Continuing Our Economic Expansion
The Budget continues the President’s pro-growth policies vital to our economy’s continued expansion. With the full implementation of the President’s tax relief plan in 2003, the Nation has added more than 4.7 million new jobs, productivity has increased at a 3 percent annual rate, homeownership has reached all-time highs, and the American economy is growing faster than other major industrialized nations.
Ø Because America needs more than a temporary expansion, taxpayers need more than temporary tax relief. The Budget proposes to make permanent the tax relief enacted in 2001 and 2003, preventing a tax increase on families and small businesses.
Ø The strength of our economy has produced rapid increases in the level of Federal receipts, which are critical to reducing the deficit. From 2004 to 2005, receipts grew 14.5 percent ($274 billion), or more than twice as fast as the economy itself. The Budget forecasts receipts to grow another $132 billion from 2005 to 2006, an increase of 6.1 percent.
Restraining Spending and Cutting the Deficit
Through continued pro-growth economic policies and spending restraint, the Budget keeps us on track to meet the President’s goal of cutting the deficit in half by 2009. The Budget:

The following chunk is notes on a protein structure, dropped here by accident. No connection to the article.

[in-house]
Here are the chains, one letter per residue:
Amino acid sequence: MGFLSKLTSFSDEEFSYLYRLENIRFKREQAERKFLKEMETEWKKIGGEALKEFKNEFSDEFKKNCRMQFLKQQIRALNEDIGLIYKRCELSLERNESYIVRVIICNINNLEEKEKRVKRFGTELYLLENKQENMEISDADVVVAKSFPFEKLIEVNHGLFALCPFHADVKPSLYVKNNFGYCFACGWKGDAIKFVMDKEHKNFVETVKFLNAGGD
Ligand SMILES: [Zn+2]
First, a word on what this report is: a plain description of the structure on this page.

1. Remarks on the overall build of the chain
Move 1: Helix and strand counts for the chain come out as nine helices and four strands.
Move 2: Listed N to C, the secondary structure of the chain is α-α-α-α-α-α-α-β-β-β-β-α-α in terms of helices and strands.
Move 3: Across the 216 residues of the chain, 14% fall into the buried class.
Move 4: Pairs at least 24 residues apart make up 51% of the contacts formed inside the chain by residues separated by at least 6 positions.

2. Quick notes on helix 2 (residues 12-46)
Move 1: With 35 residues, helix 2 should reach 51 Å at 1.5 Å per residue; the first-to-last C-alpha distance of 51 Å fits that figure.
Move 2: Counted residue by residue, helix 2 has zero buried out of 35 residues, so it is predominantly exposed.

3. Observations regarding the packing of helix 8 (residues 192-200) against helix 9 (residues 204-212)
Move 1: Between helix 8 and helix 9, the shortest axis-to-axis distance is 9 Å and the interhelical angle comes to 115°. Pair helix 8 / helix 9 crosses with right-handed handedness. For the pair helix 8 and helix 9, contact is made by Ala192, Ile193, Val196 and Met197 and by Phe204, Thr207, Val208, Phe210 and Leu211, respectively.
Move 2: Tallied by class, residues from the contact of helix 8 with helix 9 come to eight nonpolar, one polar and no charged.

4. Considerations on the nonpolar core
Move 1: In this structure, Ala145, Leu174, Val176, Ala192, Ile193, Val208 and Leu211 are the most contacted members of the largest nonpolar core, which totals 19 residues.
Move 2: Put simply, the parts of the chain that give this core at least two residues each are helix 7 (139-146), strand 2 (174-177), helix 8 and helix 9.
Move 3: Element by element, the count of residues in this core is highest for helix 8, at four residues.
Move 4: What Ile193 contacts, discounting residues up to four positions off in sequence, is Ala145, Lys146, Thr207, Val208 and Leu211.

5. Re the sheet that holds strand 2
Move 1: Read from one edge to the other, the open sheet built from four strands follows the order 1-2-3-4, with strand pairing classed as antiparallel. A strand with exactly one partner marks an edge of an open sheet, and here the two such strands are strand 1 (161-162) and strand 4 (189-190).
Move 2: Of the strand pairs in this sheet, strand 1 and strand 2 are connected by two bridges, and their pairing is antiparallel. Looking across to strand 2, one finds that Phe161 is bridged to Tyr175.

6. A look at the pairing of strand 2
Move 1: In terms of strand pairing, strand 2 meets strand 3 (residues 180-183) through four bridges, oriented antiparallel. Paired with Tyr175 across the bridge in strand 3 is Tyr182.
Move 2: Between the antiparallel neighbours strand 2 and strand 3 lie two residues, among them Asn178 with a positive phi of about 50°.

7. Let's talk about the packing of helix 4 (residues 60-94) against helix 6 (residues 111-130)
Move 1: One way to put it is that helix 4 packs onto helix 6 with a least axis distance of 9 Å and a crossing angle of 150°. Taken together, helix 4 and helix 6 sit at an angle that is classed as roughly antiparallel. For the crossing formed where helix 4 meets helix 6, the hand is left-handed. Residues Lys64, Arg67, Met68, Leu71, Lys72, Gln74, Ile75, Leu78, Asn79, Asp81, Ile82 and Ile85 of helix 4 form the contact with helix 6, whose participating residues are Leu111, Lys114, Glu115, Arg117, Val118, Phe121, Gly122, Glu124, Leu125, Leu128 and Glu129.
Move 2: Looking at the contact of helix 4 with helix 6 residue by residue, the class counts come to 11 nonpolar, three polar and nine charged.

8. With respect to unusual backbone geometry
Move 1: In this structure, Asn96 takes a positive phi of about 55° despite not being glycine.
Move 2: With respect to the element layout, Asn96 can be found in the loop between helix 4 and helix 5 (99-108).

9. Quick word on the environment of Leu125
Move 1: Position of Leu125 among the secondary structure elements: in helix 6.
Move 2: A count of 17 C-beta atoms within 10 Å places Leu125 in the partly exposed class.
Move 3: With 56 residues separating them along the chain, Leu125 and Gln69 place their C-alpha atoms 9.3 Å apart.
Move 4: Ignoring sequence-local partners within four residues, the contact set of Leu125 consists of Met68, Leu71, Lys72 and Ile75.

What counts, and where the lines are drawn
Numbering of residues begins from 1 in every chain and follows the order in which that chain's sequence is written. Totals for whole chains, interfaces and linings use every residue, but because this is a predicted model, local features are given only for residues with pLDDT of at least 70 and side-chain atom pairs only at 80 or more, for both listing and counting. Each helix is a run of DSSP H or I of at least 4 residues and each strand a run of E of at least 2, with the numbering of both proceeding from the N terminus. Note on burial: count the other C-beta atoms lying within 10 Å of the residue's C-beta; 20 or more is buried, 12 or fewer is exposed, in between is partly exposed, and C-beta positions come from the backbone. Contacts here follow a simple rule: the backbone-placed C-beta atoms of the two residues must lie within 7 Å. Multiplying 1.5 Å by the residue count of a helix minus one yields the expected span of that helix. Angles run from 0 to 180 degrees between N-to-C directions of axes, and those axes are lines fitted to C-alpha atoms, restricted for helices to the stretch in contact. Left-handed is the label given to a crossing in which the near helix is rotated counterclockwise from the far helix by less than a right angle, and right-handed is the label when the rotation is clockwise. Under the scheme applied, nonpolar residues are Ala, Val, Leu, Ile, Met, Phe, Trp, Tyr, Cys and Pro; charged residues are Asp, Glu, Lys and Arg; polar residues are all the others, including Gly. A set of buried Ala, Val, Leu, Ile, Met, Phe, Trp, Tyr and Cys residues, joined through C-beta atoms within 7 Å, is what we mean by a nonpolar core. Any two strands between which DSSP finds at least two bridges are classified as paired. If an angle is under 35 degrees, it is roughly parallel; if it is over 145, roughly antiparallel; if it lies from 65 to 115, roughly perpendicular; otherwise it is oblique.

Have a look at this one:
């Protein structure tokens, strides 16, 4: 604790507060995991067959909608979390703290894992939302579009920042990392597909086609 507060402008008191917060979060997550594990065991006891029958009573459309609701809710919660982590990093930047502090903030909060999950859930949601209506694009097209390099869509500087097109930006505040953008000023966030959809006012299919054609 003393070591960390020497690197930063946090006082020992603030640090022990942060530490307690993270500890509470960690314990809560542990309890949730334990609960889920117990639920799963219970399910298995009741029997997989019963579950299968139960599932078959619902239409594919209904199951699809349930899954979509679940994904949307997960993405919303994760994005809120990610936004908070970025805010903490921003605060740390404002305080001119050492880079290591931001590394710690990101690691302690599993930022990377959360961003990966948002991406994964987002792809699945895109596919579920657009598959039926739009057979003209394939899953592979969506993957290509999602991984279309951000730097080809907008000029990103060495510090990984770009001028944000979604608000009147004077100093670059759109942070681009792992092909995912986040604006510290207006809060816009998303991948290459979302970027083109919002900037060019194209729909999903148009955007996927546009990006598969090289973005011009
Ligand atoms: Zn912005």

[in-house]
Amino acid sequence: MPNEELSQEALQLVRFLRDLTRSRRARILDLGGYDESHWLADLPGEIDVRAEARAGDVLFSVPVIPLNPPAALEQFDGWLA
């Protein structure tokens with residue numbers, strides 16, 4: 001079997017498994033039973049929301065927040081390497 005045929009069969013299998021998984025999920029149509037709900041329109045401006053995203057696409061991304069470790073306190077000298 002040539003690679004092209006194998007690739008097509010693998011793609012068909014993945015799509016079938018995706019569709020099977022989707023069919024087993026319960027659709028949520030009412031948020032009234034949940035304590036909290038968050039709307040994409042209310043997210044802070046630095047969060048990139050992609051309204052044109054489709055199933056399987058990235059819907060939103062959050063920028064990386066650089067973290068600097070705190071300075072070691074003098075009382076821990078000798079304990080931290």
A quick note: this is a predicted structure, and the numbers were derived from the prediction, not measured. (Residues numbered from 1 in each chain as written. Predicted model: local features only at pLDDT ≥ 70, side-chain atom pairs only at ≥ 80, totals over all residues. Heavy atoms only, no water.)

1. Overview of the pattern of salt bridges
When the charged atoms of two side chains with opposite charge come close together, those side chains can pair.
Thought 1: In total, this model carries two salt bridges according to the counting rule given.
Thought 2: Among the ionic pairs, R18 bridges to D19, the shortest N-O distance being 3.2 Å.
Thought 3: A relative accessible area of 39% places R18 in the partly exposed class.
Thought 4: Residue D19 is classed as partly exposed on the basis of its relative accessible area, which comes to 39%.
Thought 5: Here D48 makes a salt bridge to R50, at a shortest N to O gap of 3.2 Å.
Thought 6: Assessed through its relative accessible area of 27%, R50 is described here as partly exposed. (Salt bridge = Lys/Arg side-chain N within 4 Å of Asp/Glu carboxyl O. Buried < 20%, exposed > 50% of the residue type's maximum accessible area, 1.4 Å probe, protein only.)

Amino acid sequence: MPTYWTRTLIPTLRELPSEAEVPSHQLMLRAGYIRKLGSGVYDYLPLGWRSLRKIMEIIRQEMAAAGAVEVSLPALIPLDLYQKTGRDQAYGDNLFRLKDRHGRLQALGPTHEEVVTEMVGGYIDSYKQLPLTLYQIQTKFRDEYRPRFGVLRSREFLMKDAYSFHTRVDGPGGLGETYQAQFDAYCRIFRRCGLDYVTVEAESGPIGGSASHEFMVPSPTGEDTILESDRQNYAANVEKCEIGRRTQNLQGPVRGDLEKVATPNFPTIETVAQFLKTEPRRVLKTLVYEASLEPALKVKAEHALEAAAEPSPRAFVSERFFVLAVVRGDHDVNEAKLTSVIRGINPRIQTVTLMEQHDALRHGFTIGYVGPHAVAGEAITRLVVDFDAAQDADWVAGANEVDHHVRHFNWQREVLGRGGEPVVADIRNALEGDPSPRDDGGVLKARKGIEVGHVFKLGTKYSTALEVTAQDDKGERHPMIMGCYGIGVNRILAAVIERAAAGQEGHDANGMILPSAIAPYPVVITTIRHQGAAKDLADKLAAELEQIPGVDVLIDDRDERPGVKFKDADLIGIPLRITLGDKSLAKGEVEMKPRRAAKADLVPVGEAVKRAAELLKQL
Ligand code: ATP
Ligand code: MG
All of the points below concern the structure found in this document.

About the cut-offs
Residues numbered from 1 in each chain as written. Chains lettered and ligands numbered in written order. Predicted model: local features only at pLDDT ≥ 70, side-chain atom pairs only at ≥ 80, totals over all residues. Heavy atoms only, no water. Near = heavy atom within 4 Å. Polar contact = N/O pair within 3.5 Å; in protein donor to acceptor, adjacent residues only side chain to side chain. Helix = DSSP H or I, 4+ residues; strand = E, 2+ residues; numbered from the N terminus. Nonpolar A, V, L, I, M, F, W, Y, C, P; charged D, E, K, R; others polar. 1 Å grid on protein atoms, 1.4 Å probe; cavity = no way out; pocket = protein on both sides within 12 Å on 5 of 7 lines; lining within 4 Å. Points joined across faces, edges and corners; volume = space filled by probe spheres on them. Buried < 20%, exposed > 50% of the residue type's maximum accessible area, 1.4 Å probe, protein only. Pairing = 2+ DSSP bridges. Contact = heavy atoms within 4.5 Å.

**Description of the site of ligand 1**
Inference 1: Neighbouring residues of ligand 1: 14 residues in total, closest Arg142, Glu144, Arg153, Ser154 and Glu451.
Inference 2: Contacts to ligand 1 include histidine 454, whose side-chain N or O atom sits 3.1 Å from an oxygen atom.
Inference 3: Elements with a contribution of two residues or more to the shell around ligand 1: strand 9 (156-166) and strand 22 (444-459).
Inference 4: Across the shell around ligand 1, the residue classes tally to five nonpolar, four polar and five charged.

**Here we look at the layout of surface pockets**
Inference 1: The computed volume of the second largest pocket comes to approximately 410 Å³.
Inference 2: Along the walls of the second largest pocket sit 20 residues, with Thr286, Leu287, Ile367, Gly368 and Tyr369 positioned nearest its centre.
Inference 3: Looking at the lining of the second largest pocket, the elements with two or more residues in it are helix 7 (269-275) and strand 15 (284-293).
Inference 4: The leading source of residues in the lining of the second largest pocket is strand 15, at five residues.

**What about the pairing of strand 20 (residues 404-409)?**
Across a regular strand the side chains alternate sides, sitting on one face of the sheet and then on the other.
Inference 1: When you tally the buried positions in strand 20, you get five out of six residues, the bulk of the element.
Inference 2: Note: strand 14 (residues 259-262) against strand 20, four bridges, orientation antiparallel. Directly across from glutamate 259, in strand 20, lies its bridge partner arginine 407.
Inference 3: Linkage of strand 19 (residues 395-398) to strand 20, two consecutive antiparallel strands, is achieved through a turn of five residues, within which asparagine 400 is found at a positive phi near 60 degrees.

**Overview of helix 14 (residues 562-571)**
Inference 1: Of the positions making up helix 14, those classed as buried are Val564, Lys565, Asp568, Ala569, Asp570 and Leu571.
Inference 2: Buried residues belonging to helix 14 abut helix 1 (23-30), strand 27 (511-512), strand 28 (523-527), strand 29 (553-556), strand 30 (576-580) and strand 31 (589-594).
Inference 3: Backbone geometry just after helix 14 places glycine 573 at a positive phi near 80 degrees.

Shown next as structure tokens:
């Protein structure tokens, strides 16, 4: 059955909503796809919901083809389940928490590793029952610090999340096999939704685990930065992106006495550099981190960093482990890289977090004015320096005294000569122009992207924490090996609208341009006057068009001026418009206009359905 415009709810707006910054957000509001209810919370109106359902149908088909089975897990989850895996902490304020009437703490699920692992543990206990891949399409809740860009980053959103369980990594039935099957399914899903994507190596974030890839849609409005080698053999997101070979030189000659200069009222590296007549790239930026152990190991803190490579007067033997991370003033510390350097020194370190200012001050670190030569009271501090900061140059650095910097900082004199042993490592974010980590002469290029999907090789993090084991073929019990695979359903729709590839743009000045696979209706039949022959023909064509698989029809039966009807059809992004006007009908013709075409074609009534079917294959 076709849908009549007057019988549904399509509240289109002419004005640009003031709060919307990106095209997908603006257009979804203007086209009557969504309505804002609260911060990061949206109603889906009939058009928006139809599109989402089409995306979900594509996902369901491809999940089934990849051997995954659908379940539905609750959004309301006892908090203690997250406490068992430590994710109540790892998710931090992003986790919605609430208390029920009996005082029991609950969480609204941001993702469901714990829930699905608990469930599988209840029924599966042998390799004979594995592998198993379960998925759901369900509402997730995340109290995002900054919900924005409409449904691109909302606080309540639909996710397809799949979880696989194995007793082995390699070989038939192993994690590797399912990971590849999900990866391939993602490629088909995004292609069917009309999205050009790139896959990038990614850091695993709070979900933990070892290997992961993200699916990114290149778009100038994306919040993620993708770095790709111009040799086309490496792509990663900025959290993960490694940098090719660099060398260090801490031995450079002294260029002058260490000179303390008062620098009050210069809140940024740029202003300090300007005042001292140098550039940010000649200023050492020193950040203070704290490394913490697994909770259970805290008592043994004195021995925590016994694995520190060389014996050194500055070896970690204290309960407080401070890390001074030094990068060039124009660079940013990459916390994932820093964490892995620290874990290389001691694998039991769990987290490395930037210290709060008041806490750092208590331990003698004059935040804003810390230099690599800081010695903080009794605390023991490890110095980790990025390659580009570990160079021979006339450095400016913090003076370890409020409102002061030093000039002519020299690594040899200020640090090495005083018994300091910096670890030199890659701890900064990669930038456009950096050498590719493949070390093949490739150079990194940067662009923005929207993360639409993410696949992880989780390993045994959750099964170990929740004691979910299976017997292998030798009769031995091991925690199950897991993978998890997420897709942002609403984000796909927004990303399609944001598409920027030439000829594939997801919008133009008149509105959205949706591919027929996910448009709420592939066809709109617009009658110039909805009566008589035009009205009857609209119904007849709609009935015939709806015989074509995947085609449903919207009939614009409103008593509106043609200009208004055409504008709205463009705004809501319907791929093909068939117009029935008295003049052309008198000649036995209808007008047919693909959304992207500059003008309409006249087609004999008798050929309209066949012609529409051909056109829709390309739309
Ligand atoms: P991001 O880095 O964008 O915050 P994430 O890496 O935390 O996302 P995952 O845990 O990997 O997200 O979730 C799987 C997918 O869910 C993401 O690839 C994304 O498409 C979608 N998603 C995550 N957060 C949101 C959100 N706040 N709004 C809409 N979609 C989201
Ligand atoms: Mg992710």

Ø Again holds the growth of overall discretionary spending below inflation and again proposes to reduce non-security discretionary spending below the previous year’s level.
Ø Terminates or reduces 141 programs that are not getting results or not fulfilling essential priorities, for a proposed savings of $14.7 billion, building on last year’s success in which savings of $6.5 billion were achieved in 89 of the President’s proposals.
Ø Requests that Congress give the President a Constitutional line-item veto. All savings from the line-item veto would be used for deficit reduction.
Ø Projects the deficit will decline from its projected 2004 peak of 4.5 percent of GDP ($521 billion) down to 1.4 percent ($208 billion) in 2009, more than in half and well below the 40-year historical average deficit of 2.3 percent.
The Long-Term Fiscal Danger
The greatest threat to our fiscal health over the long-term comes from unsustainable growth in entitlement programs such as Social Security, Medicare, and Medicaid.
Ø The Budget saves $65 billion over 5 years by slowing the future growth of entitlement spending.
Ø In addition, it paves the way for further reforms that will be needed over the longer term to bring Medicare’s finances in line with available resources.
Ø The President will also continue to promote comprehensive reform of Social Security to place the program’s finances on sustainable footing for future generations.
Focusing On National Priorities
The Budget focuses taxpayer resources on National priorities like the War on Terrorism, health care, energy research and strengthening our global competitiveness through improved math and science education and research.